The paper is worth reading in its entirety, but I'd like to take this chance to riff on some of the political themes that Ellis alludes to but does not develop fully. Ellis notes that deviant globalization thrives in political contexts where there is "ineffective policing, governments who have a reputation for venality, and a relative lack of international attention" (p. 194). The point is deeper than merely the banal insight that corruption and crime go hand in hand. Rather, there is a broader political context for deviant globalization, in that black market economies both reinforce and are reinforced by "local authorities operating unofficial networks of governance rooted in local social realities" (p. 195).

Generalizing these insights, we can observe that deviant globalization undermines the authority of the central state by focusing the production and reproduction of political capital on local rather than national-level institutions. This is precisely why the UN Office of Drug Control, for example, argues that crime "hinders development." But this is true only if we insist on conceiving of "development" in the mainstream sense that pervades the thinking of the United Nations, the US government, and most "development" NGOs. In this mainstream sense, which has a hoary intellectual history, "development" is predicated on (if not, indeed, coterminous with) the extension of centralized state authority.

Of course, that mainstream conception of "development" is at odds with the ambitions of locals (and not just elites) for whom the central state does often literally less than nothing for them. The empowering of the centralized state is, for many deviant globalizers, simply a way to improve the capacity of remote elites to rob them. And while that might strike the UN as a laudable definition of development, you can understand why, say, Afghan opium farmers would take quite a different view of what "development" means.

For most poor people, insofar as "development" means anything, it is not about state authority per se, but rather about more practical matters like earning money and getting social services such as education, infrastructure, health care, etc. Among mainstream developmentalists, however, the myth still is that the state is the institution that delivers such services, but the truth is that the post-structural adjustment state (that is, most Third World states today) is at best intermittantly effective at delivering such services.

In most places, the rolled-back post-neoliberal state has been the reality for so long that people's political ambitions are no longer focused on state-building or state-capture (except, perhaps, to take over the rents that accrue to running a kleptocratic state). Over the last 20-30 years, what has collapsed is a grassroots belief that a "modernizing" or "developmental" state will be the primary vehicle for improving the lives of the masses. A state-centric conception of development may still animate some elites in Washington, New York, or London, but in most of the rest of the world, the people have, shall we say, moved on. Having made a virtue of post-SAP necessity, deviant globalizers now actively prefer to operate in "crippled state" environments.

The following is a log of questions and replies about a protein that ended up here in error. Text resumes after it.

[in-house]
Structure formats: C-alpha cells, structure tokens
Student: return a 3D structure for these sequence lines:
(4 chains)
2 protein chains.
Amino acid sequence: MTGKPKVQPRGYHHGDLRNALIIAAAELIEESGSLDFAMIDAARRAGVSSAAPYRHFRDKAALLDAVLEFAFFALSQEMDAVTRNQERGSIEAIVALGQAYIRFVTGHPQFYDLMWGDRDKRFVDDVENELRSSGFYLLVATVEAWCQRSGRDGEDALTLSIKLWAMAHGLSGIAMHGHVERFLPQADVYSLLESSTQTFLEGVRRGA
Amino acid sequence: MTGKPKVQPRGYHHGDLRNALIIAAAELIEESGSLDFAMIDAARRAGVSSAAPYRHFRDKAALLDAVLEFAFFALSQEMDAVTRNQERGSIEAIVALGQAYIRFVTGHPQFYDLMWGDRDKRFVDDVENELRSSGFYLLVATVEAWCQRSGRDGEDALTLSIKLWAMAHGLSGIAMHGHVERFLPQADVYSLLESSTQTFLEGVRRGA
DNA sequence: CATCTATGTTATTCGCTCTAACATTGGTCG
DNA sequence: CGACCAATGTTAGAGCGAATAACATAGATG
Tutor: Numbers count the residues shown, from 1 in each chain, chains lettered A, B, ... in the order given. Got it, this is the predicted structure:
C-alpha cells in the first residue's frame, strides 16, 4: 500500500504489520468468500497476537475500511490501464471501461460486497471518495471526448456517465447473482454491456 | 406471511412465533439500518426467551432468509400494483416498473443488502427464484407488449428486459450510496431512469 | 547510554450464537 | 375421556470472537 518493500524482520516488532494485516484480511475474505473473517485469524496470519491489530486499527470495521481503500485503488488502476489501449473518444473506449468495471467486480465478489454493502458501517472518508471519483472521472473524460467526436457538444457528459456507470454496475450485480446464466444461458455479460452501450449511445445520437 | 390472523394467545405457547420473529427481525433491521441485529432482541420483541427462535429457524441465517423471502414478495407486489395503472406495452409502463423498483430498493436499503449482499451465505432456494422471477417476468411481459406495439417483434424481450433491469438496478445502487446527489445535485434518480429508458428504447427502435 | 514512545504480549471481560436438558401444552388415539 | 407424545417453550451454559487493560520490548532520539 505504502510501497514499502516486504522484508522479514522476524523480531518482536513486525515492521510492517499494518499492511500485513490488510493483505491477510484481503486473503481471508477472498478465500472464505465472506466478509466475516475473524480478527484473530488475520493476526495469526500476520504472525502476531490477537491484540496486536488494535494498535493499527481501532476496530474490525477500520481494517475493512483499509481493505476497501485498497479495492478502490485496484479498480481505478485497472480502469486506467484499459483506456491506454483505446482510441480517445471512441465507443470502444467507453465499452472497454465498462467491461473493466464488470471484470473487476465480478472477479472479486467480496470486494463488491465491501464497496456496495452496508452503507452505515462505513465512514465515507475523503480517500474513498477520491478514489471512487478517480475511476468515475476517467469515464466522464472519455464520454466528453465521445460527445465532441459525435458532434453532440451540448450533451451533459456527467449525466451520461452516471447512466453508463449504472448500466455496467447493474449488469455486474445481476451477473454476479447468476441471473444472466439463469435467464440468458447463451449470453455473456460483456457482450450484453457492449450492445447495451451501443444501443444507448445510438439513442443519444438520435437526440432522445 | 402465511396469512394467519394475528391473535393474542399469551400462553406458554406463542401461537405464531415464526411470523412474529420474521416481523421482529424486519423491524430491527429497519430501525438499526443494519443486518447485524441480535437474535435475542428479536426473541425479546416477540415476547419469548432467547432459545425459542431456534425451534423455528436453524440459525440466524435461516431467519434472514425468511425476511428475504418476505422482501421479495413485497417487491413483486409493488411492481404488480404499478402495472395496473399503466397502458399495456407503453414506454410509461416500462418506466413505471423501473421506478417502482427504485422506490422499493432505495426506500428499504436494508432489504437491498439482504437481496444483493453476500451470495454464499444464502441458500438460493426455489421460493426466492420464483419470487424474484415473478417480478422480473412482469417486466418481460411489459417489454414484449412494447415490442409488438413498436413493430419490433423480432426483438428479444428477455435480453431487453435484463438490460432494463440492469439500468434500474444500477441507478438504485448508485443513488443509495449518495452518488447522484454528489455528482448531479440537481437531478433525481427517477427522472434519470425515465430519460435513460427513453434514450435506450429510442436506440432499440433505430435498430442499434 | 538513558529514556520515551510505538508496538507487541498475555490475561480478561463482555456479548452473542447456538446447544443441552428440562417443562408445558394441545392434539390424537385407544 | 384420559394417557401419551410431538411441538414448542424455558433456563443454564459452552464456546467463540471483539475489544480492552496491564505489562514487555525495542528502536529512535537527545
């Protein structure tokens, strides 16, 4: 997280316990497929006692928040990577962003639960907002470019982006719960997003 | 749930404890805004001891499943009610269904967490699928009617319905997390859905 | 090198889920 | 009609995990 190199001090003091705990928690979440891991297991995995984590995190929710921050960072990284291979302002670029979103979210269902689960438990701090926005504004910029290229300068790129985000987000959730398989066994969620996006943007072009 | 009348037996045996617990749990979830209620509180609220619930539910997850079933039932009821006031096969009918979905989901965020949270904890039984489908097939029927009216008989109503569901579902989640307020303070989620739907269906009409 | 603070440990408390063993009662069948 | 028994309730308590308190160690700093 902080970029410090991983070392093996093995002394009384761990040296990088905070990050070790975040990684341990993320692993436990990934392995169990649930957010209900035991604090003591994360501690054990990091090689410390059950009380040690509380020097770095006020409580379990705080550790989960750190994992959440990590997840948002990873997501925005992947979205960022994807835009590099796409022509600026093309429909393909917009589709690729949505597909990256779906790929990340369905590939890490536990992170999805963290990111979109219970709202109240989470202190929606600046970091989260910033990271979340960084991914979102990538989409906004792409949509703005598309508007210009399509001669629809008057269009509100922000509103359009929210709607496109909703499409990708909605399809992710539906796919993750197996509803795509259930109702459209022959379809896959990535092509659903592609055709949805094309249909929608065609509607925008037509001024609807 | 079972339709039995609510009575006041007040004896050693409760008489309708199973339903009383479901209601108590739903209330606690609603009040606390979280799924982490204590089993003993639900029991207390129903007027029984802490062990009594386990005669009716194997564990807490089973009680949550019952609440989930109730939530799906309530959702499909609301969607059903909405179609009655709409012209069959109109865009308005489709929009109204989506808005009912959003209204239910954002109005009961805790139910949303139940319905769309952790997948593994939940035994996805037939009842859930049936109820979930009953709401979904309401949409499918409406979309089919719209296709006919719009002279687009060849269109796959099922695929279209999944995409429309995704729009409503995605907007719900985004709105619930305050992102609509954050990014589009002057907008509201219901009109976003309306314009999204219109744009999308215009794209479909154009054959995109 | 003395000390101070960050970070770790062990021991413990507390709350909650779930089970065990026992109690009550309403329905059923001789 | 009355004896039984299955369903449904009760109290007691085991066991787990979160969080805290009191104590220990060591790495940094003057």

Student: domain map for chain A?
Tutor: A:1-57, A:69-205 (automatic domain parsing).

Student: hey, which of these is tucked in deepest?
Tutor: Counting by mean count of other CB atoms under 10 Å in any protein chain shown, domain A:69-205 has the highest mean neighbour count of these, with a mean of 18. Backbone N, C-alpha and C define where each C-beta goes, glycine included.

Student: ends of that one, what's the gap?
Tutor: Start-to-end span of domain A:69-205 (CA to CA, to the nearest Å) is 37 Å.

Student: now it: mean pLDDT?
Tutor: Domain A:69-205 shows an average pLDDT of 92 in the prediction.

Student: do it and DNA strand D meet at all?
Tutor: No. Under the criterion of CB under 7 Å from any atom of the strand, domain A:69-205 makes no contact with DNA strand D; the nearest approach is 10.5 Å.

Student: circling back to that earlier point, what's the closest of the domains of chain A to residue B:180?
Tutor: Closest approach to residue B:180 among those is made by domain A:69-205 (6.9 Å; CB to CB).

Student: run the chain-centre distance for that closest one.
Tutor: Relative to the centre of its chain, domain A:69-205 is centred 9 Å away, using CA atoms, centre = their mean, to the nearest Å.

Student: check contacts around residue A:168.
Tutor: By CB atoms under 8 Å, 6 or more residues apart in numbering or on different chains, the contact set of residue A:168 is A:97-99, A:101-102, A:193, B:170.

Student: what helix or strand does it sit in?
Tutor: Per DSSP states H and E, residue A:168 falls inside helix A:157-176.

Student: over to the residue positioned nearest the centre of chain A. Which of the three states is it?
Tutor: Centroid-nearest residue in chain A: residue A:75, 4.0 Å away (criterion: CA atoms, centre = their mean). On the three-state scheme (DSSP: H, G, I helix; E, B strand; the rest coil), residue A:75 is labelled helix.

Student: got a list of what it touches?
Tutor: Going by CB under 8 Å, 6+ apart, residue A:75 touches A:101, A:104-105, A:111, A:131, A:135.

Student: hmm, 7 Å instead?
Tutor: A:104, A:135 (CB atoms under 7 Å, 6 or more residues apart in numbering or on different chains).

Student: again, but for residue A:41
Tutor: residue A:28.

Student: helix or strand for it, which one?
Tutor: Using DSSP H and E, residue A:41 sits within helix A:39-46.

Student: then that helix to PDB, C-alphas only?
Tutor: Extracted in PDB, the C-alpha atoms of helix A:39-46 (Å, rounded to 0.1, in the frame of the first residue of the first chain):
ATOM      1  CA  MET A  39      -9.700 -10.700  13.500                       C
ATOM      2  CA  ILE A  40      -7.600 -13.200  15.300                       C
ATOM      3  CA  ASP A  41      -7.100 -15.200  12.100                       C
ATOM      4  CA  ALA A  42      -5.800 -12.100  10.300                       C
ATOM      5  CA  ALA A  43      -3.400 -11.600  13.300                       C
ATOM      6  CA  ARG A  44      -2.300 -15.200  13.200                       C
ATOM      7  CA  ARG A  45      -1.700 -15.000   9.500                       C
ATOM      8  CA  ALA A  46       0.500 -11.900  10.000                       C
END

The goal for such actors remains what it ever was: to make a living and to increase their political authority and autonomy. What has changed is the mechanism, and one of the most popular ones has been to join up in illicit economies, where participants can make windfall profits by arbitraging the moral compunctions of the West. This has been going on for so long by now that this alternative mode of "development" (if that term still means anything so redefined) is spawning a set of political commitments that are orthogonal to traditional national ones. Tip O'Neill's famous observation that all politics is local has never been more true than in today's deviantly globalized world.

Finally, one cannot overemphasize what a huge ideological shift this redefinition of development represents -- a complete sea change from the Marx-inspired revolutionary ambitions of yesteryear's underclasses. As Jon Lee Anderson notes in his New Yorker article on Rio's gangs, quoting a former Marxist guerrilla turned politician:
"Nobody wants to make revolution anymore. What these people with the guns want today is their immediate share of the consumption culture. It's so childish, and morally childish, and they kill like children too--like in a kid's war game" If they ever acquired an ideology, they could threaten the state, he said. "For now they are a totally entropic and anarchic group of young people who have figured out how to get what they want, which is basically, clothing cars and respect."

Indeed what has happened in Rio applies, in varying degrees, throughout Latin America--most notably in Mexico, Guatemala, El Salvador and Colombia. Two decades after the collapse of Communism, the region's Marxist guerillas have disappeared, only to be replaced by violent drug mafias.
So, to end this long post with another thought that could be the subject for an equally lengthy post, the answer the question "Who won the Cold War?" is that the gangsters did.